[sdiy] Oberheim Xpander Envelopes and LFOs etc

Tristan Upton tu at alphalink.com.au
Sun Sep 30 21:46:26 CEST 2007

Hello Tom, 

 From what I recall, the Xpander uses a control voltage update rate of around 
100Hz. To get around the problem of slow updates the control voltage sample 
and hold has two time constants. One is used for fast updates, like sawtooth 
reset, and a slower one for everything else. I guess that gives enough 
smoothing for the slow update rate to be acceptable. I can't remember the 
clock rates of the CPUs but the Xpander uses two 6809 processors. They work 
as a master and slave pair. 

Best regards,

Sunday, September 30, 2007, 1:56:56 PM, you wrote: 

TW> Hi All, 

TW> I've been spending the weekend doing a bit of research into the
TW> oberheim Matrix synths and the Xpander. 

TW> The Xpander's multi-mode filter design is really something special,
TW> and has been mentioned here before (check the archives - http://
TW> search.retrosynth.com/synth-diy/search/        mar 97, sept 04) but
TW> one thing that I can't find the detail on is the envelopes and LFOs. 

TW> The Xpander uses a pair of processors, with one of them being
TW> dedicated to generating all the envelopes and LFOs (and lag
TW> processors, and ramp generators, and tracking generators and, and,
TW> and..!!). Basically, all the slow control voltage processing is done
TW> in software. This processor is (I read somewhere) a 6809 running at
TW> 16MHz. This isn't clear at all from the schematics I've seen,
TW> although 68000 series is a possibility.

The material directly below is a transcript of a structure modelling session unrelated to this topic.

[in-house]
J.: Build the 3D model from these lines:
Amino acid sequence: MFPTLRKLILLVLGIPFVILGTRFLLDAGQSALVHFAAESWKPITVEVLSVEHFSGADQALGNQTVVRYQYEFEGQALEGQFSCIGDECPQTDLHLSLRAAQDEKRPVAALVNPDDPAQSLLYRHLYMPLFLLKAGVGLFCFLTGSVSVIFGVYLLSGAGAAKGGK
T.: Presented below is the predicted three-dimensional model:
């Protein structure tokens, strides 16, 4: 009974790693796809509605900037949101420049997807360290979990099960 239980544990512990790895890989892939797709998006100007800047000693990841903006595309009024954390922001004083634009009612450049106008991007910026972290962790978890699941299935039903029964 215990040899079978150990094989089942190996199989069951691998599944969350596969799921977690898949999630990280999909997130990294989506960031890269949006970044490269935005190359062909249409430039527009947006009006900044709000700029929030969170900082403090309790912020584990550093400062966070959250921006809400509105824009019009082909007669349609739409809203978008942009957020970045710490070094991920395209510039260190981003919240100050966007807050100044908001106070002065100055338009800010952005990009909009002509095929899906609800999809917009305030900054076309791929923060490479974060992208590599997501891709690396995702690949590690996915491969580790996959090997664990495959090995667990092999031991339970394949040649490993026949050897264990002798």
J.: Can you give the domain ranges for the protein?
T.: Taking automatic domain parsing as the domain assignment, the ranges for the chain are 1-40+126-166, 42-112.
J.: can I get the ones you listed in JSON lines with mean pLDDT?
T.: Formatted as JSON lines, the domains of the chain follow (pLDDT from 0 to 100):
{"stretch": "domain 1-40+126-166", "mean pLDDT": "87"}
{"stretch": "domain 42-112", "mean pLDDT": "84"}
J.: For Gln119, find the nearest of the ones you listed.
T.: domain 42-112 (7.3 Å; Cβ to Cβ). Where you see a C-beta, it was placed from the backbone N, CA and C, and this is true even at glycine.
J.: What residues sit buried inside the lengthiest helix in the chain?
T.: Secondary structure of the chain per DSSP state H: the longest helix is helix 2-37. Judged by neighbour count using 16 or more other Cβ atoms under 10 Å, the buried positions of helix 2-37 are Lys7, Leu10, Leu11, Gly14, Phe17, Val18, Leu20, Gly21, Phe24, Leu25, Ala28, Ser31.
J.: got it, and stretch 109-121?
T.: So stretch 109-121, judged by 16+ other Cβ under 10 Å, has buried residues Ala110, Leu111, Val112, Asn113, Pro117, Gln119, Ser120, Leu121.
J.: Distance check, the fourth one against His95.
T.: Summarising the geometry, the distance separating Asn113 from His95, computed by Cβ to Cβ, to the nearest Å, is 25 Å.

TW> What I want to know is what output sample rate is this processor
TW> managing to produce. It is dealing with 5 envelopes and 5 LFOs per
TW> voice, plus all the other stuff, for each of 6 voices. This is 30
TW> LFOs and Envelopes, which has got to take a while to work out. I've
TW> done similar stuff on more modern processors, and felt like I was
TW> running out of time generating only 4 envelopes. However, I was
TW> working with a 25KHz output rate. 

TW> I suspect this is one of the areas where corners can be cut far more
TW> than most people would accept. The Waldorf Wave also uses software
TW> envelopes, and these are only updated at about 53Hz! (http://
TW> www.unofficial.waldorf-wave.de/wavetech.html). Yet the Wave is held
TW> in high regard. If anyone could do a similar test on a Oberheim
TW> Xpander, I'd be interested to know the result. 

TW> So the question is "How low can you go?". 53Hz might be really silly,
TW> but would 1KHz be enough? 5KHz? I know some of the software sound
TW> languages (csound or puredata) use rates of 6KHz or so. 

TW> What counts as a reasonable sampling rate for LFOs and Envelopes? 

TW> T. 

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